Artists tend to work quietly in their studios, but eventually they emerge to exhibit their work in art galleries. Some Howard County artists only have to make a very short indoor walk from studio to gallery for the "Resident Visual Artists Exhibit 2012" at the Howard County Arts Council in Ellicott City.
One of the nicest aspects of this exhibit is that the participating artists are given enough wall space to show multiple examples of their work. You can see how distinctive themes and techniques characterize an individual career. In the case of Andrei Trach, you get a keen awareness of the working process itself.
Trach has been given an entire wall to display the oil painting "Bang" and six stylistically similar graphite and charcoal drawings. Although these drawings do not appear to be specific studies for the painting, they give a sense of how this artist manipulates his abstract vocabulary.
In the graphite drawing "O," for example, the various circles and squiggles indicate that geometric forms have no more than a tenuous presence in a composition that's on the verge of being no more than nervous lines darting off in many directions. The graphite drawing "Spontaneous Movement" likewise has no more than a semblance of compositional order. And the aptly titled graphite drawing "Frenetic Rhythm" is about the abstract energy generated by so many vigorously and irregularly drawn lines.
These drawings flank that oil painting, "Bang," whose gray and black background is the somberly neutral backdrop for numerous small dabs of red, yellow, green and other bold colors. The thick brushwork and tight clustering of colors make for a painting that has affinities with the flanking drawings and, indeed, seems like the dense summation of those drawings.
Unlike the complete abstraction in Trach's work, Myungsook Ryu Kim's three acrylic paintings in a "Tideless Love" series balance an abstract treatment of natural scenery with more realistic natural references. The various shades of green washing across the surface of each canvas evoke a landscape without directly depicting it, while the arcing tree limbs and flowering branches are only slightly abstracted depictions of them. Kim's thick brushwork gives these paintings a chunky appearance that prompts you to think about the paint application as much as about the interplay between abstraction and representation.
Natural imagery and abstract washes also can be found in Leora "Lee" Smith's two poured ink paper collages in a "Ginkgo Tree" series. The cut-paper ginkgo leaves, which are colored gold, purple and brown, seemingly float against a background comprised of melting green and yellow.
Among those artists working in a more overtly realistic manner, Heidi Praff's selection of work includes the acrylic painting "John St." It depicts a hilly street in Baltimore's Bolton Hill neighborhood. The lively brushwork accentuates the colorful variations from one rowhouse to the next, and this tightly cropped view also emphasizes the deep shadows cast by trees in a 19th-century neighborhood whose trees often are nearly that old.
Yet another take on realism is provided by Mary Jo Tydlacka, who uses bright colors and schematic designs recalling the folk art tradition for a series devoted to the outdoor productions staged by the Chesapeake Shakespeare Company at the Patapsco Female Institute in Ellicott City. The acrylic painting "Pyramus and Thisbe from Midsummer Night's Dream" conveys how completely the actors use the stabilized ruins as the backdrop for their shows; and by way of conveying the mood of a specific play, the ink wash drawing "Titus Andronicus- Dinner Party" sums up that bloody play by depicting four dead characters on the floor and open-mouthed audience members seemingly in shock.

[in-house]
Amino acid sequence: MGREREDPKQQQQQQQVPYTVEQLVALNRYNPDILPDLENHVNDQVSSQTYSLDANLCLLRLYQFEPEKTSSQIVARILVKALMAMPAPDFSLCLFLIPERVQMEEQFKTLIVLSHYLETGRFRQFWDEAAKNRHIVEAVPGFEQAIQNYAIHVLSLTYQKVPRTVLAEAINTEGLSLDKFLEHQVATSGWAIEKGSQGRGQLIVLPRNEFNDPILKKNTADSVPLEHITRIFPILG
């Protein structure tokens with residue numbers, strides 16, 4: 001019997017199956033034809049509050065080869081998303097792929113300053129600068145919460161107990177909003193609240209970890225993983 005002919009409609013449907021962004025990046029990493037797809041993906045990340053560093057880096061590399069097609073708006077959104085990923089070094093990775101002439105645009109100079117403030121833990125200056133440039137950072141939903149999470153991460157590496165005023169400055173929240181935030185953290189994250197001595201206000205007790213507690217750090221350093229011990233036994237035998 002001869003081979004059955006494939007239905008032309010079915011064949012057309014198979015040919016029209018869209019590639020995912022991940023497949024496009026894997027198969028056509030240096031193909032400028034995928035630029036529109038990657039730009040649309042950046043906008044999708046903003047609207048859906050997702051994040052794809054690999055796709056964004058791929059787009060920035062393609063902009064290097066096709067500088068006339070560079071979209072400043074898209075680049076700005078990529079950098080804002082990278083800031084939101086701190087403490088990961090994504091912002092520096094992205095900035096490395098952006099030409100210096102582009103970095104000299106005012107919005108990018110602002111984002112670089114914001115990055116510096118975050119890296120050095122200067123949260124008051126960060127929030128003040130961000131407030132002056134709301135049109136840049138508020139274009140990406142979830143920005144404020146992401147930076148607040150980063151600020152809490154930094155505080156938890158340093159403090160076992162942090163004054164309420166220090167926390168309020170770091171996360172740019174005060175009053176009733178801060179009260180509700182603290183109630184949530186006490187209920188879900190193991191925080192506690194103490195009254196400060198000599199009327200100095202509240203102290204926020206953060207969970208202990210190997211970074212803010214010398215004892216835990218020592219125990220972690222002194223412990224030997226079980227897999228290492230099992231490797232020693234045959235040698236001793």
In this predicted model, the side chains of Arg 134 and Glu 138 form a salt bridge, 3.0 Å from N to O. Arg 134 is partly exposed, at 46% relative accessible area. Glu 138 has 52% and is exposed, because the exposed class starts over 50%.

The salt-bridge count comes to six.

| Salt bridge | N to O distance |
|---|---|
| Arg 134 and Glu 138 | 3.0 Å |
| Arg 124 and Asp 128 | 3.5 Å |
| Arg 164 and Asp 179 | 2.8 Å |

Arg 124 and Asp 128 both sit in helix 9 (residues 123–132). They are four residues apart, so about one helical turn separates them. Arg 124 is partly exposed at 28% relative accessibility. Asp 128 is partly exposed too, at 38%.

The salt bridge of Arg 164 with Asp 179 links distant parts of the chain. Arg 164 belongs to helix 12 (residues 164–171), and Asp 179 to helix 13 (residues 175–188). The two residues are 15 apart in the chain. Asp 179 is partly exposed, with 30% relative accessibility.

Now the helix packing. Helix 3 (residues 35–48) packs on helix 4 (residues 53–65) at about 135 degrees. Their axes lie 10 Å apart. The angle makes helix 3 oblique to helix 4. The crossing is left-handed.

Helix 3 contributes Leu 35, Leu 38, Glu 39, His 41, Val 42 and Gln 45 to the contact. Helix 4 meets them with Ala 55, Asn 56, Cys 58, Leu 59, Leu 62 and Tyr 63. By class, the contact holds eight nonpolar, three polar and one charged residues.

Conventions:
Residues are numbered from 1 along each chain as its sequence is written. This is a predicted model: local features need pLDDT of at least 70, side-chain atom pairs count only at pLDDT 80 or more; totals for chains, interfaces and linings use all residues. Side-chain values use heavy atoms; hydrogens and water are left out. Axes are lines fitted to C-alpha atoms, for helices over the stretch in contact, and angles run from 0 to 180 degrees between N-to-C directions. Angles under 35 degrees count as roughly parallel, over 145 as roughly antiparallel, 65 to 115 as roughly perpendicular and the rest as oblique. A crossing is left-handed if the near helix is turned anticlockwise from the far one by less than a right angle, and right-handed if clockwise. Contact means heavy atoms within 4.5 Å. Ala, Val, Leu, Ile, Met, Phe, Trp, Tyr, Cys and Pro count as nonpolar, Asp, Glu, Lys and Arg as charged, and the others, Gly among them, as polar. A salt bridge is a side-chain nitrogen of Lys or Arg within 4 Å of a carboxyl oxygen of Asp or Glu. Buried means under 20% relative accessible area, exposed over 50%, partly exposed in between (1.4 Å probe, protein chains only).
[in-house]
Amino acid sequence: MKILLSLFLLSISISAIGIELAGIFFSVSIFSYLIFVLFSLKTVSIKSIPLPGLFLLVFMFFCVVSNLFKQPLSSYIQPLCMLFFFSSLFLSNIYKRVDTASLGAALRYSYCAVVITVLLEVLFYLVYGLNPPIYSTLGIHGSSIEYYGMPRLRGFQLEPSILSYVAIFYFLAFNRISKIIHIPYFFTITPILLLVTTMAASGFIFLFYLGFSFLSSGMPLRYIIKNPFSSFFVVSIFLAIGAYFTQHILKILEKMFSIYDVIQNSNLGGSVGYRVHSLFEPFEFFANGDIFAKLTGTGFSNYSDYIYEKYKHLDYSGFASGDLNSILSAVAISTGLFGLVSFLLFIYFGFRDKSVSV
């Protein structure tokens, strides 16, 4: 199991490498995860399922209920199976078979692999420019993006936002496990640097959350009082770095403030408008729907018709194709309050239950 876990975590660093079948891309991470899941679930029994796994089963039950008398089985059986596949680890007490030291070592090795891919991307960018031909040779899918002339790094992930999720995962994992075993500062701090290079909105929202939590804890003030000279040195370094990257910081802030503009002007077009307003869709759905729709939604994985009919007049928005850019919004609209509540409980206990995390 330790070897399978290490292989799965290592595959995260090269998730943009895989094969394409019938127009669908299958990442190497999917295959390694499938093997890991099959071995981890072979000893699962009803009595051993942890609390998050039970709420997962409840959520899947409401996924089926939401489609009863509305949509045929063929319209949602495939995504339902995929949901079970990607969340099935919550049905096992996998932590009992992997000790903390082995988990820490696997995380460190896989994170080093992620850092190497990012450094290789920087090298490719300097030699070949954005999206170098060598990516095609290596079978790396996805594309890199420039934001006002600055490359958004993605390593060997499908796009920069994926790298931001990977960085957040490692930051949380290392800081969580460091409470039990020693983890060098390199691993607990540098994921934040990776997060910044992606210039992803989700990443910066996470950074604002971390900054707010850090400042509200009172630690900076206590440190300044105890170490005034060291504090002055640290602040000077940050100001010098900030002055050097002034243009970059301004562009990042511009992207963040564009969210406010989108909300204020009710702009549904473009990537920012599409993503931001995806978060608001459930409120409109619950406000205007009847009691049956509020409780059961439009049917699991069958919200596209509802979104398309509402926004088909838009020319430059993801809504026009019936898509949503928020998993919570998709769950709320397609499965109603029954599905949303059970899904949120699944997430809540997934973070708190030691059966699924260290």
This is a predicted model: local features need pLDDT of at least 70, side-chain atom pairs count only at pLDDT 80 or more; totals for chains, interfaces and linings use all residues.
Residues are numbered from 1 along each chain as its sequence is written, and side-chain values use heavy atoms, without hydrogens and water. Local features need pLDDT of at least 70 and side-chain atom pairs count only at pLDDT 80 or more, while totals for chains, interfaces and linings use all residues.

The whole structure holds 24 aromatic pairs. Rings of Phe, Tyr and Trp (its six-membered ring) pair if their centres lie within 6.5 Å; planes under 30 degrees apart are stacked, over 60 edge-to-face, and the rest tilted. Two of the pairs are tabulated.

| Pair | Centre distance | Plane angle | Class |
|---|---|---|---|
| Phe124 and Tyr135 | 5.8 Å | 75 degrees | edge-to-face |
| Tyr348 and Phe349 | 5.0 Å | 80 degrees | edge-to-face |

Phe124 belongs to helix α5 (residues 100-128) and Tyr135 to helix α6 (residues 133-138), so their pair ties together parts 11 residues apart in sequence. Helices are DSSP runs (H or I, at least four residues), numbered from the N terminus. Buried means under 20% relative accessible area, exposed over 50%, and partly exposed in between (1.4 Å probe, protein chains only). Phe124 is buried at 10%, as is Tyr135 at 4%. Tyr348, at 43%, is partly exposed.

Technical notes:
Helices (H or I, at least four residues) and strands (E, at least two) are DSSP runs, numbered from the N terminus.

Other approaches to realism include Joan Bevelaqua's oil painting "Christening Dress I," which expertly incorporates subtle hints of color into an otherwise monochromatically gray depiction of a dress and assorted still-life objects; and Jereme Scott's oil painting "Epic Treehouse/Scarce Woods," whose ominous qualities are brought out by the absurdly large treehouse nestled high up in the trees, and the wildlife that's so wild that one silhouetted bird up in the sky looks like a prehistoric monster about to swoop down.
The expressive or otherwise selective approaches to realism deployed by some of these artists stand in contrast to the exacting realism practiced by two other artists, James Adkins and David Zuccarini, whose oil paintings depict female nudes in a studio setting. Although one can note stylistic distinctions between these two artists, they have in common the tendency to be paradoxically straightforward and reticent. In Adkins' "Sleep," the woman sleeping on pillows is surrounded by an open box, a teapot and a snake. These studio props may or may not provide clues as to her identity and her thoughts, but her sleeping pose ensures that her private thoughts remain her own. In Zuccarini's "Reclining Nude," the subject resting on an oriental carpet is turned away from us. Again, this is a nude shielding her thoughts.
Also exhibiting are Art Landerman, Alice St. Germain-Gray, Diana Marta, Jamie Travers and the late Carolyn Cates.
The "Resident Visual Artists Exhibit 2012" remains through June 24 in Gallery I at the Howard County Arts Council, 8510 High Ridge Road in Ellicott City. Running concurrently in Gallery II is an exhibit featuring Brenda Townsend-Kollman and Michael Spears. There is a Columbia Festival of the Arts-related reception June 21, 6- 8 p.m.; this reception includes Resident Artists Open Studios from 7- 8 p.m. and an Improv Group performance from 6:30- 7:30 p.m. Call 410-313-2787 or go to http://www.hocoarts.org.Copyright © 2015, The Baltimore Sun